Would Dan Marino returning to the Dolphins make sense?  Probably

Streeter Lecka

An idea of hiring Miami Dolphins Hall of Fame quarterback Dan Marino as the team's Vice President of Football Operations is starting to float around as the team looks for a new General Manager. But, would it make sense, given Marino's lack of experience? It probably would.

Earlier today, we took a look at the idea of the Miami Dolphins bringing Dan Marino back to the franchise, hiring him to be the Vice President of Football Operations, a position he once held for three weeks in 2004. The idea was immediately hit with derision, with people pointing to the lack of experience Marino has at evaluating talent as to why this move would fail. Which brings up one question: why does he need that experience?

The Dolphins would not be making him General Manager. They would be making him an executive to run the football operations. Essentially, he would be the CEO of the football side of the house, while Tom Garfinkel, the actual CEO of the team, would work the administrative and business side of the club. Marino would manage the personalities under him. Do you really have concern about Marino managing people?

Marino, or any other person in the position Bill Parcells once held as the “football czar,” could be put in place, not with the power to make personnel decisions in the sense of a GM, but could direct the direction of the team, be the mediator between the front office and the coaching staff if needed, and, most importantly, use the chance to learn the talent evaluation side.

The idea that was floated earlier today was to promote Assistant General Manager Brian Gaine, a man who is expected to garner GM attention from other teams in the near-future, to the General Manager position, with Marino serving over him in the VP position. Gaine has the talent evaluation experience that Marino lacks. Marino can lean on him to make those decisions. Marino can read the scouting reports and give input, but allow Gaine to make the ultimate decisions.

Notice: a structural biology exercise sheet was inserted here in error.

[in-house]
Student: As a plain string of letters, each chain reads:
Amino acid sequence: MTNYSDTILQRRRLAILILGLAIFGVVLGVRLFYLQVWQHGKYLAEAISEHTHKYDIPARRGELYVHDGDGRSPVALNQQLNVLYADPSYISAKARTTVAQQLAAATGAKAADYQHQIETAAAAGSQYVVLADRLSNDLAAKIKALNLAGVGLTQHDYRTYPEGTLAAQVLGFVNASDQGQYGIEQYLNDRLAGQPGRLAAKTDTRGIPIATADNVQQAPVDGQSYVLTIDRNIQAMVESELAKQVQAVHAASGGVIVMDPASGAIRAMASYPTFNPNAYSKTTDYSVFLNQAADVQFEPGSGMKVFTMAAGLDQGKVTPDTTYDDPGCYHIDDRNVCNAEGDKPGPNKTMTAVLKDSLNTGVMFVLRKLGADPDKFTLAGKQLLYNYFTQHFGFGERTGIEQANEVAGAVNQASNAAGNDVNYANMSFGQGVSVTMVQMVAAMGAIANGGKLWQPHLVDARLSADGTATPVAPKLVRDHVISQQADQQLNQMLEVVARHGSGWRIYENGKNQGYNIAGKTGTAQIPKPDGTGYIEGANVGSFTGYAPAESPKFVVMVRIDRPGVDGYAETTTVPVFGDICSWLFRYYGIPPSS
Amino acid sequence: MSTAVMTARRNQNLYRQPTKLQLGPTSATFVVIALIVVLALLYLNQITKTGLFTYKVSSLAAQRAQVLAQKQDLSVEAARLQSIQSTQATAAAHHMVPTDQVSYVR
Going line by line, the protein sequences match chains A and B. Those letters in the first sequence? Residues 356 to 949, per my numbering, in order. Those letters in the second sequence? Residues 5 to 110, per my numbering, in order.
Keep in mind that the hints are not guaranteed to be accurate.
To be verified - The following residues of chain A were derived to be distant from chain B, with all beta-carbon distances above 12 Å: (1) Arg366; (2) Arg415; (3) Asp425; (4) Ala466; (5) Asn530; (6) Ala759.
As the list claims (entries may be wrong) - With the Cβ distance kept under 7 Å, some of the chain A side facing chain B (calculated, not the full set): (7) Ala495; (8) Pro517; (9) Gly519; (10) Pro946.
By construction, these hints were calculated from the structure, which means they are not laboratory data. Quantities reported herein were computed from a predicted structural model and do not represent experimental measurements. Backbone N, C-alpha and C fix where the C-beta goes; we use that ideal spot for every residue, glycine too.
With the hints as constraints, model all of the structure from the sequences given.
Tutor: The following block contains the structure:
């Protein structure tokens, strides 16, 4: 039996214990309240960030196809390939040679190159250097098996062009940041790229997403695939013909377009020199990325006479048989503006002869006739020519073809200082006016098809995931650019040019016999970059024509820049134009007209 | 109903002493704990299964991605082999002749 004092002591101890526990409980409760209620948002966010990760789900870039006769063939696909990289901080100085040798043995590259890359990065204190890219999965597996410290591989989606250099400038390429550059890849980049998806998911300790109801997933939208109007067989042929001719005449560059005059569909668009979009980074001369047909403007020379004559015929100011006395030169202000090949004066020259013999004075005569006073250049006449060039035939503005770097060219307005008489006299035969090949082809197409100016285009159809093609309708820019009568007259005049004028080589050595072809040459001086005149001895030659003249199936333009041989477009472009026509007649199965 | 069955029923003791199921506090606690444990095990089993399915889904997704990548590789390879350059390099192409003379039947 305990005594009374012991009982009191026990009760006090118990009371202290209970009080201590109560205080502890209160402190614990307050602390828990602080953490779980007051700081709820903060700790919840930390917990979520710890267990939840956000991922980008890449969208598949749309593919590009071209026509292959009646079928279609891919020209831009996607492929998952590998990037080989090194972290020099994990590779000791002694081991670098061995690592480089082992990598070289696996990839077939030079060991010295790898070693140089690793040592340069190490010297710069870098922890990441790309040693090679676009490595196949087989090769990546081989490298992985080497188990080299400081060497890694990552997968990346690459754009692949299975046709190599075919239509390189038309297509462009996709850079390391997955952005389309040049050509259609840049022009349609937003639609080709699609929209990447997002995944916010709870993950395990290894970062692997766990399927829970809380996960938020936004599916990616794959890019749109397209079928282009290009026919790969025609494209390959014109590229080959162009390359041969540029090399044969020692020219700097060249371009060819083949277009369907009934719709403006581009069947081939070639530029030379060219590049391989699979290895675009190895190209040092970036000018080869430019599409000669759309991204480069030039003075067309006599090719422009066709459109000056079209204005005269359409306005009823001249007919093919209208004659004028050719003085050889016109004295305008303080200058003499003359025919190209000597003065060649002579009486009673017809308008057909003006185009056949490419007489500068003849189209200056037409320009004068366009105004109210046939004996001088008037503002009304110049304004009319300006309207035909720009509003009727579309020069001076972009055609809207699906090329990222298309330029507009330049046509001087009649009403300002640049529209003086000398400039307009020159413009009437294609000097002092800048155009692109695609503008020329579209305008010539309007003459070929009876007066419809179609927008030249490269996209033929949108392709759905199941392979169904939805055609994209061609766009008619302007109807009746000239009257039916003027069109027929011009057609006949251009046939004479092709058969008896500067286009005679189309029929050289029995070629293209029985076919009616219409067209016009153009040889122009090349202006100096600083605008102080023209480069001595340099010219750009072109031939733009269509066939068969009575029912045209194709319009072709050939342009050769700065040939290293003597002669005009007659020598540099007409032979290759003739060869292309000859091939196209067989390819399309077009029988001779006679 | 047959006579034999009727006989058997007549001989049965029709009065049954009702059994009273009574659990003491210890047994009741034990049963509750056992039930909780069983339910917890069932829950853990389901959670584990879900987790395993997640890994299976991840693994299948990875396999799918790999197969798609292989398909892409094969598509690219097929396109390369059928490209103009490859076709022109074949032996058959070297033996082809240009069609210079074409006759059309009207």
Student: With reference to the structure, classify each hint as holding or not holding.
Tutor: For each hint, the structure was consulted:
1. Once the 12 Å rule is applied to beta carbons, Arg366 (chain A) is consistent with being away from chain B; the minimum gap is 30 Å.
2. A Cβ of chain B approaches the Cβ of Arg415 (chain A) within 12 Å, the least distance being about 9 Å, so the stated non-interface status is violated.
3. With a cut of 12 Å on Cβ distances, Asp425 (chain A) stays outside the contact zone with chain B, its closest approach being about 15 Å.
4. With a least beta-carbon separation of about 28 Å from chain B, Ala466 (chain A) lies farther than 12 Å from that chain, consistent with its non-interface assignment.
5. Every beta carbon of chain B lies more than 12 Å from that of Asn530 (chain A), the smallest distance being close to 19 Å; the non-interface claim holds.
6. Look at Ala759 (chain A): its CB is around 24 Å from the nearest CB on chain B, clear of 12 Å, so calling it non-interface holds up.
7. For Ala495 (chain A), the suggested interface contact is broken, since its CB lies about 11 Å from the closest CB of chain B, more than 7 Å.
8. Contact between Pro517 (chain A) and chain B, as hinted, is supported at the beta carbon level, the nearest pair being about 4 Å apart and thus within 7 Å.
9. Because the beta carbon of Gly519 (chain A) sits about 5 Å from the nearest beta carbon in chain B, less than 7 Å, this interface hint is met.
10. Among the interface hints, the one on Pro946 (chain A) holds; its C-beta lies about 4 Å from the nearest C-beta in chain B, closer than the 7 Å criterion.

Marino does not have experience with negotiating contracts with players, but could use Executive Vice President of Football Administration Dawn Aponte to handle that role. Assuming Aponte does not move to the NFL this year, allowing her to continue the salary-cap management she is already doing would give Marino a chance to learn the role, and keep someone with experience within the Dolphins’ organization.

Concerns yesterday stemmed from a report that Aponte and head coach Joe Philbin were making a power play, forcing general manager Jeff Ireland out and looking to control as much of the team as possible. Putting Marino into the top executive position would be able to eliminate that issue. If Marino comes into this position with the same fire and determination that we all saw from him on the field during his Hall of Fame career, Aponte tell Philbin that Ireland was losing confidence in the coaching staff would not have the same impact since they are all still answering to Marino.

Finally, and maybe the most important reason for hiring Marino for the team right now, would be the public relations boon Marino’s presence within the organization would bring. Dolphins fans would be excited to have the team’s best player back in some role within the franchise. While Marino may be frustrated at first serving in primarily a figurehead role, he could see the immediate benefits of his presence in the ticket sales, while still being able to learn the more complex aspect of his job.

Marino has enough contacts, including Denver Broncos Vice President of Football Operations John Elway, to be able to get advice whenever it is needed. Yes, it would be a learning experience for Marino, but it could be exactly what the team needs get moving in the right direction. Everyone says Dolphins owner Stephen Ross needs more football people around him, able to advise him and guide him. Marino could be one of those people. Marino could be responsible for making sure that all of the operations within the team are operating, even if he is not doing the talent evaluation, contract negotiation, coaching, field maintenance, or any of the other multitude of responsibilities himself.

To be clear, there has not been any indication from the team or Ross that Marino is even on the radar. But, it is an interesting idea to consider.

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